BP-Staying Free Cash Flow Neutral the Key To Stock Performance

July 7th, 2010 by hackel Leave a reply »

The highest percentage of net present fair value of an equity security is derived from the most immediate free cash flows. However, since BP is expected to produce slim free cash over the intermediate term, an investment may still be warranted, according to the estimates below.                  

We do not recommend an investment in BP, as higher success opportunities exist, and the probability of the much written about buyout is, as we see it, less than 10%. Additionally, BP’s pension fund requires contributions of at least $1.5 billion more per year than is currently contemplated, making even our estimates quite uncertain. However, as seen below, if the estimates were achieved, only 10% of BP’s current fair value is derived from the free cash flows of the current and next three fiscal years.

Our point is the coming three years should not be the determining factor to an investment in BP if the company can at least stay free cash flow neutral during this time.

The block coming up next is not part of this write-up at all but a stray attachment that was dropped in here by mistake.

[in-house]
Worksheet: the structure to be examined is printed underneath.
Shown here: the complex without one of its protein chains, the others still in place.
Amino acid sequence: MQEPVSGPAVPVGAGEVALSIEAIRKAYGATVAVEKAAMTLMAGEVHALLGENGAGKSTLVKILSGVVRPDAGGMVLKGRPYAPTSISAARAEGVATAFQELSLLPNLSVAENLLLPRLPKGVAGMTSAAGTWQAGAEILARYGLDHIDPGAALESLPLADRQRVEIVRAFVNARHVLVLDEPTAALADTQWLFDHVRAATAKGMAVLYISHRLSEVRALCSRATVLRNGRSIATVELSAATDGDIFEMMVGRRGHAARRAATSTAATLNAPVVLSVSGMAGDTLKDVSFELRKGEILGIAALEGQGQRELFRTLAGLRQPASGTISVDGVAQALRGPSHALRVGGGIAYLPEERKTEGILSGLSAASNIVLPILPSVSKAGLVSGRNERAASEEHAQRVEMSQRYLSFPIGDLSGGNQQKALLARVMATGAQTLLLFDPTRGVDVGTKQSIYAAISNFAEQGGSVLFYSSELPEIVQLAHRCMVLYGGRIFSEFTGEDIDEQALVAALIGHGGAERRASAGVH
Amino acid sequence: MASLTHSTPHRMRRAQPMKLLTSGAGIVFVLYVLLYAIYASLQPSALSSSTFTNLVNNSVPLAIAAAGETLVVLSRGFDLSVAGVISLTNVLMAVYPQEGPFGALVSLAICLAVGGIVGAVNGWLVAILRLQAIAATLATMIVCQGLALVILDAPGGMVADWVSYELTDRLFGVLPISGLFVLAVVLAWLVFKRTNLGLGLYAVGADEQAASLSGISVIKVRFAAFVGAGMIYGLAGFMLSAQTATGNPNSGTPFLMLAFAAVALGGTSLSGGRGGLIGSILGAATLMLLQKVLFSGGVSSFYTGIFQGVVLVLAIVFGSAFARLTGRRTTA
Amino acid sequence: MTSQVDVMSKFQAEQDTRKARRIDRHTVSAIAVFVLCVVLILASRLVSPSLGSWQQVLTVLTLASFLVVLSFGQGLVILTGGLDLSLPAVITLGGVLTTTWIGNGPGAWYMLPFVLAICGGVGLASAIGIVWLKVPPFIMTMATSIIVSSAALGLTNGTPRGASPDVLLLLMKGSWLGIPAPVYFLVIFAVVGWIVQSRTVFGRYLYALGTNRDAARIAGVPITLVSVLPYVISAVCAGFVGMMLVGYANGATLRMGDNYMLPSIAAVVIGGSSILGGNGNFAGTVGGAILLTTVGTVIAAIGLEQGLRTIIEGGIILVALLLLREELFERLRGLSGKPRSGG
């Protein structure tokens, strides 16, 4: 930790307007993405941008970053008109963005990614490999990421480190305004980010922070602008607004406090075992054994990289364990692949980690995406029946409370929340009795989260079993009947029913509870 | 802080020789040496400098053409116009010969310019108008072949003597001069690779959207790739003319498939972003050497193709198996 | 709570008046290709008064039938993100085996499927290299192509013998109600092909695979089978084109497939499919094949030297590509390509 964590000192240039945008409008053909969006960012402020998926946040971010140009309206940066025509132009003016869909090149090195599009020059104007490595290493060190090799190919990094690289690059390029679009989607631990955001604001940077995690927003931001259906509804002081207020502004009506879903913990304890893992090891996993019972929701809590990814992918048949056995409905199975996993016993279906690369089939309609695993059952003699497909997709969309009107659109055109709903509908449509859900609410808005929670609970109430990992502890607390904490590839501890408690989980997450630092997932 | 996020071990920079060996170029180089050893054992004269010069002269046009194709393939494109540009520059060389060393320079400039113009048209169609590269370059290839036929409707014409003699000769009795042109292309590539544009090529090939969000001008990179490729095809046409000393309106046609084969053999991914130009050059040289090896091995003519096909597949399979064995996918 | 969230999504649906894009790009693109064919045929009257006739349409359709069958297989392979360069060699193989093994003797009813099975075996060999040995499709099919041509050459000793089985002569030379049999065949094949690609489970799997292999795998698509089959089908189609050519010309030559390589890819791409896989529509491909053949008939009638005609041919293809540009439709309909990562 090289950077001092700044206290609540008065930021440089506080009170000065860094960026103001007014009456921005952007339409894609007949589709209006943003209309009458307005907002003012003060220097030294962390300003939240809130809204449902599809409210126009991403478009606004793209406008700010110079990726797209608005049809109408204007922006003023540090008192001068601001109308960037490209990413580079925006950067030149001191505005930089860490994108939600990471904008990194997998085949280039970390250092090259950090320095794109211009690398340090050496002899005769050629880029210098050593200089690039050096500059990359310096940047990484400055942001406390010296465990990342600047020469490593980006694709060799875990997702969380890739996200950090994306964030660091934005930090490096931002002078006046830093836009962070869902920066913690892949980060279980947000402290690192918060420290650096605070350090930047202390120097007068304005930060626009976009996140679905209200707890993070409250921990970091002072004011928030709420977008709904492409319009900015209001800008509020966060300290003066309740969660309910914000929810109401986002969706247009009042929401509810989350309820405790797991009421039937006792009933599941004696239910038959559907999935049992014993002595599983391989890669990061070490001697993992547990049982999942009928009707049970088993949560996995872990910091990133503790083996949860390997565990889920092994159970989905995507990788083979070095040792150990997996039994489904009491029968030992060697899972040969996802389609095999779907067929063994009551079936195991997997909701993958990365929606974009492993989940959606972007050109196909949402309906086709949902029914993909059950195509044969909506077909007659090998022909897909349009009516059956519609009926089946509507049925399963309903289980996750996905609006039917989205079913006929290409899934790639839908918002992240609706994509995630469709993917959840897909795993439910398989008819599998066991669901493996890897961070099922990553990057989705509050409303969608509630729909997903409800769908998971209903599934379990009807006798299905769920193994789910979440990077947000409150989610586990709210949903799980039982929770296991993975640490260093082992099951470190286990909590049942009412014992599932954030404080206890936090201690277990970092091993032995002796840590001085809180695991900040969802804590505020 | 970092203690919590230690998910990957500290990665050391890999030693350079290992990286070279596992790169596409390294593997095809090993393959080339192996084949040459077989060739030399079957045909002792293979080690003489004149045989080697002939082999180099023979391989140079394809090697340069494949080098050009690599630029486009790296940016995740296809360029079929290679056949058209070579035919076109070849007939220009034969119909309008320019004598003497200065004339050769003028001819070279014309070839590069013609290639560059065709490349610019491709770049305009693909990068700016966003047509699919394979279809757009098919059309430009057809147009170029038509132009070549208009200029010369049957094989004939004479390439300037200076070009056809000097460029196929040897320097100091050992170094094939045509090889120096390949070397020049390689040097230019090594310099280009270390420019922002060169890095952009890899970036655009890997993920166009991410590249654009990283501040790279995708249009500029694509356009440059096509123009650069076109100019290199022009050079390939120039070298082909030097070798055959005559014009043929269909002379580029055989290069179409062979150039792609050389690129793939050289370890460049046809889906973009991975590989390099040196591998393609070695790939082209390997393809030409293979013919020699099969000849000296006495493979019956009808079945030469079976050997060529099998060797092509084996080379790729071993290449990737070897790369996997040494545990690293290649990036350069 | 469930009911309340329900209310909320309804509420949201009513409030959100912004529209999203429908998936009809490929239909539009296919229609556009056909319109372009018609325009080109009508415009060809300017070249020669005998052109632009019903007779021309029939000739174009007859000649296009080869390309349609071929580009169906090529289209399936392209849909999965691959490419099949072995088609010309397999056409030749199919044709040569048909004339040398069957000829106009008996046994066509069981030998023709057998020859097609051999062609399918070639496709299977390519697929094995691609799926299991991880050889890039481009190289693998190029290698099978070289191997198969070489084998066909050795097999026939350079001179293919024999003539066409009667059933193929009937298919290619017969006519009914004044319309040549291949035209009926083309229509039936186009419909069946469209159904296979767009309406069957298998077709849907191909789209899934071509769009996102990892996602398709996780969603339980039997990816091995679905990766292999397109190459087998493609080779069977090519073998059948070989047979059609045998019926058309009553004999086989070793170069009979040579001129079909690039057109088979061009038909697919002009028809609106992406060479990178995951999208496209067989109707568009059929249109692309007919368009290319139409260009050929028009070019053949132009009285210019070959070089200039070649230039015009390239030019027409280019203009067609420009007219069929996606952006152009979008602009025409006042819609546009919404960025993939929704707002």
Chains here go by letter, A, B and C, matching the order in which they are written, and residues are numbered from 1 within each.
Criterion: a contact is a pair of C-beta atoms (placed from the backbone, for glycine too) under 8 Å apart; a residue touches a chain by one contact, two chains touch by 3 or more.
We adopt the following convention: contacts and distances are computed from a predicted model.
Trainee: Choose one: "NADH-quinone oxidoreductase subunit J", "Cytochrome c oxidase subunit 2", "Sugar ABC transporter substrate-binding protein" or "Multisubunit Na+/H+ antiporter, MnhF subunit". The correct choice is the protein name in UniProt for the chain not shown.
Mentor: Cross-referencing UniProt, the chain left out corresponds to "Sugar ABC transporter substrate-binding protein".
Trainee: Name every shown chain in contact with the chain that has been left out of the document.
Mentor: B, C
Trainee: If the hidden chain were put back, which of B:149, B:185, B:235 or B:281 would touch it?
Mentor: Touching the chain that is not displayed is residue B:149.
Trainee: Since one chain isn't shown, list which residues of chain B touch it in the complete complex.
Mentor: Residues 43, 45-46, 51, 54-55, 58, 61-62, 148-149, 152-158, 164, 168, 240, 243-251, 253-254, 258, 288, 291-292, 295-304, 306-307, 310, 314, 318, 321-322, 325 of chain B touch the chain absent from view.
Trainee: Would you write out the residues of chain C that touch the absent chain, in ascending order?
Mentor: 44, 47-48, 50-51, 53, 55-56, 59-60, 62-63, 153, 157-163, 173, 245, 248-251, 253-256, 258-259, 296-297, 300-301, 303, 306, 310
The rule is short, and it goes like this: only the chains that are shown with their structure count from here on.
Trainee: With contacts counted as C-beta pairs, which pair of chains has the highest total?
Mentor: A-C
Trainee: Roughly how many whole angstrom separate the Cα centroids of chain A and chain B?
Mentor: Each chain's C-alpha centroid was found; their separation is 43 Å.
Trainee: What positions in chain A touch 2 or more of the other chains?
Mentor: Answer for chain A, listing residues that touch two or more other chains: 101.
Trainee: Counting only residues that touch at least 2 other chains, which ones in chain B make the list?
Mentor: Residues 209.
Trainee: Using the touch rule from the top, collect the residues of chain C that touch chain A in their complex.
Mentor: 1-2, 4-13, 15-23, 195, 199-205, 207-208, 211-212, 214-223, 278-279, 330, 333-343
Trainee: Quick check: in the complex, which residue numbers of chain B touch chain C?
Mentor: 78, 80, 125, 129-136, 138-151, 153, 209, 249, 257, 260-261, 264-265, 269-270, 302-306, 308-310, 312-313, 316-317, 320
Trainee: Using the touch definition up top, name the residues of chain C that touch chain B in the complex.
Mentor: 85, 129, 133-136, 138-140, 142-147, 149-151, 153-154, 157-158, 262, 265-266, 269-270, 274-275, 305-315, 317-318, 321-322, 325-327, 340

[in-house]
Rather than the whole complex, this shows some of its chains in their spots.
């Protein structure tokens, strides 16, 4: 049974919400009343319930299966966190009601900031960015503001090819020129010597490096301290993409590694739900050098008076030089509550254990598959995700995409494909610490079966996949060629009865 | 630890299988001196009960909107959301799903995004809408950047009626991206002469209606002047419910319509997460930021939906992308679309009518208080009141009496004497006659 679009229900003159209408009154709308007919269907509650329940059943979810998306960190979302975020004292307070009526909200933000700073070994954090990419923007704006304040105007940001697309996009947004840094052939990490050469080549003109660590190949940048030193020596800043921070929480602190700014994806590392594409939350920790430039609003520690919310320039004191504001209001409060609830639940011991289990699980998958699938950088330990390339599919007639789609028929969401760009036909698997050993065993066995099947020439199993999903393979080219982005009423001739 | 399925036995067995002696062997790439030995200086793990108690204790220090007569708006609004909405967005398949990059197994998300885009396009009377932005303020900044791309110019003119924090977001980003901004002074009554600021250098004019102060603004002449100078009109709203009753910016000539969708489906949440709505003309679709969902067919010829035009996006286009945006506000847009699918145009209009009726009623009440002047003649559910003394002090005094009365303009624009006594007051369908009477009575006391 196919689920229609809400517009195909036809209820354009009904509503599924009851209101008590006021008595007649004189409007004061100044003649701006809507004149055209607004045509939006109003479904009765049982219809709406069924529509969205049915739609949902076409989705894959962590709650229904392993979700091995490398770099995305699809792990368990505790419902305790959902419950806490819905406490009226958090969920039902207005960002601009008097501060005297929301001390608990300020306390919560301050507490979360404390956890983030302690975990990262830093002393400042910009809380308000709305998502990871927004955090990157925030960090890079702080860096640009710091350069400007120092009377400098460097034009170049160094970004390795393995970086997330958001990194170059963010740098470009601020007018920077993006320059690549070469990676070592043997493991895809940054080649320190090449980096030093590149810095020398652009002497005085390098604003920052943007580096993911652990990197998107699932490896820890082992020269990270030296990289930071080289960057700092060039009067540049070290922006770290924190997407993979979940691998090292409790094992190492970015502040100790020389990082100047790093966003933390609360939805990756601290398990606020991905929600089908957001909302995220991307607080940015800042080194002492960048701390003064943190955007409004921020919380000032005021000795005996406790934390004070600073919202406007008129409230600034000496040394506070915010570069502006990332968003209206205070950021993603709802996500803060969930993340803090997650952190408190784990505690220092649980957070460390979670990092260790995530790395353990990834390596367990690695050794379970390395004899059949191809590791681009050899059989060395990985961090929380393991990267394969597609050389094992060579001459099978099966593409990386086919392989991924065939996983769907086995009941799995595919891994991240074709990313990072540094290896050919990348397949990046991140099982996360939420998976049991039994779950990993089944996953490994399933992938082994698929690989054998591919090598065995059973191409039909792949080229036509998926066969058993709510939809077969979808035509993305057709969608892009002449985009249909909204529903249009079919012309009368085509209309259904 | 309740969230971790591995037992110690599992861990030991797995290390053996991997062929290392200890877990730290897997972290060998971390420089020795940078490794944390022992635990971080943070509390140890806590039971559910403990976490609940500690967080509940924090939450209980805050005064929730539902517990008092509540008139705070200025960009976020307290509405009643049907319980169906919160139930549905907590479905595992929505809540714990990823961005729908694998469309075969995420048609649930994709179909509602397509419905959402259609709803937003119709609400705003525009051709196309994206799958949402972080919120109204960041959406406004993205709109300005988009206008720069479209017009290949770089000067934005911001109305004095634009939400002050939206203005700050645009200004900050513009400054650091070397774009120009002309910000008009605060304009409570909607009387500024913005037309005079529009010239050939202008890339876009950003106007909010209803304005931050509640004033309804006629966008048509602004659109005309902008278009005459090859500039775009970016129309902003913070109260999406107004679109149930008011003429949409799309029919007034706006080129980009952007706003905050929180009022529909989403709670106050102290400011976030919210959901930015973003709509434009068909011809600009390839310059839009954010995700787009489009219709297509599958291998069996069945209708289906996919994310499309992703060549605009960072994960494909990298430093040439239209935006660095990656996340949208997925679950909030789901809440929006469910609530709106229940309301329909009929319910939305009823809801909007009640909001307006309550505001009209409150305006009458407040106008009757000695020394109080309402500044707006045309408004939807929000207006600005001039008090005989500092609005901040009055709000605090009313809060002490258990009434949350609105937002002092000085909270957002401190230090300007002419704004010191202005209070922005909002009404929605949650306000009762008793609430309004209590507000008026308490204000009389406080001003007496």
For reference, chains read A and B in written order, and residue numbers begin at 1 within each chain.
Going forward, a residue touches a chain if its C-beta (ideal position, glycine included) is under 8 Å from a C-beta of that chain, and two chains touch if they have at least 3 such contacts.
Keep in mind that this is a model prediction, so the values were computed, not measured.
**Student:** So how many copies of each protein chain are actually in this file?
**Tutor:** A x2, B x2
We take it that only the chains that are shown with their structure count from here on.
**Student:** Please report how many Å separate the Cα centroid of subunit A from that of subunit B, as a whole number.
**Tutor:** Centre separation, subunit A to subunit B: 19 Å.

Only if one believes BP’s free cash flows will be negative for the coming three years, and subsequently be unable to resume growth in that key metric, should an investment be avoided, and a short position established.

On the contrary, if an investor believed the added liabilities resulting from the Gulf disaster would diminish free cash flows such that BP were free cash flow neutral (or slightly negative) this year, marginally ($3 billion positive next year) and then slowly regain free cash flows such that it would surpass its past three year free cash flow average of $ 11 billion during the 2016 fiscal year, BP’s current fair value would rise to the high $30 area.

Kenneth S. Hackel, C.F.A.
President, CT Capital LLC
www.credittrends.com

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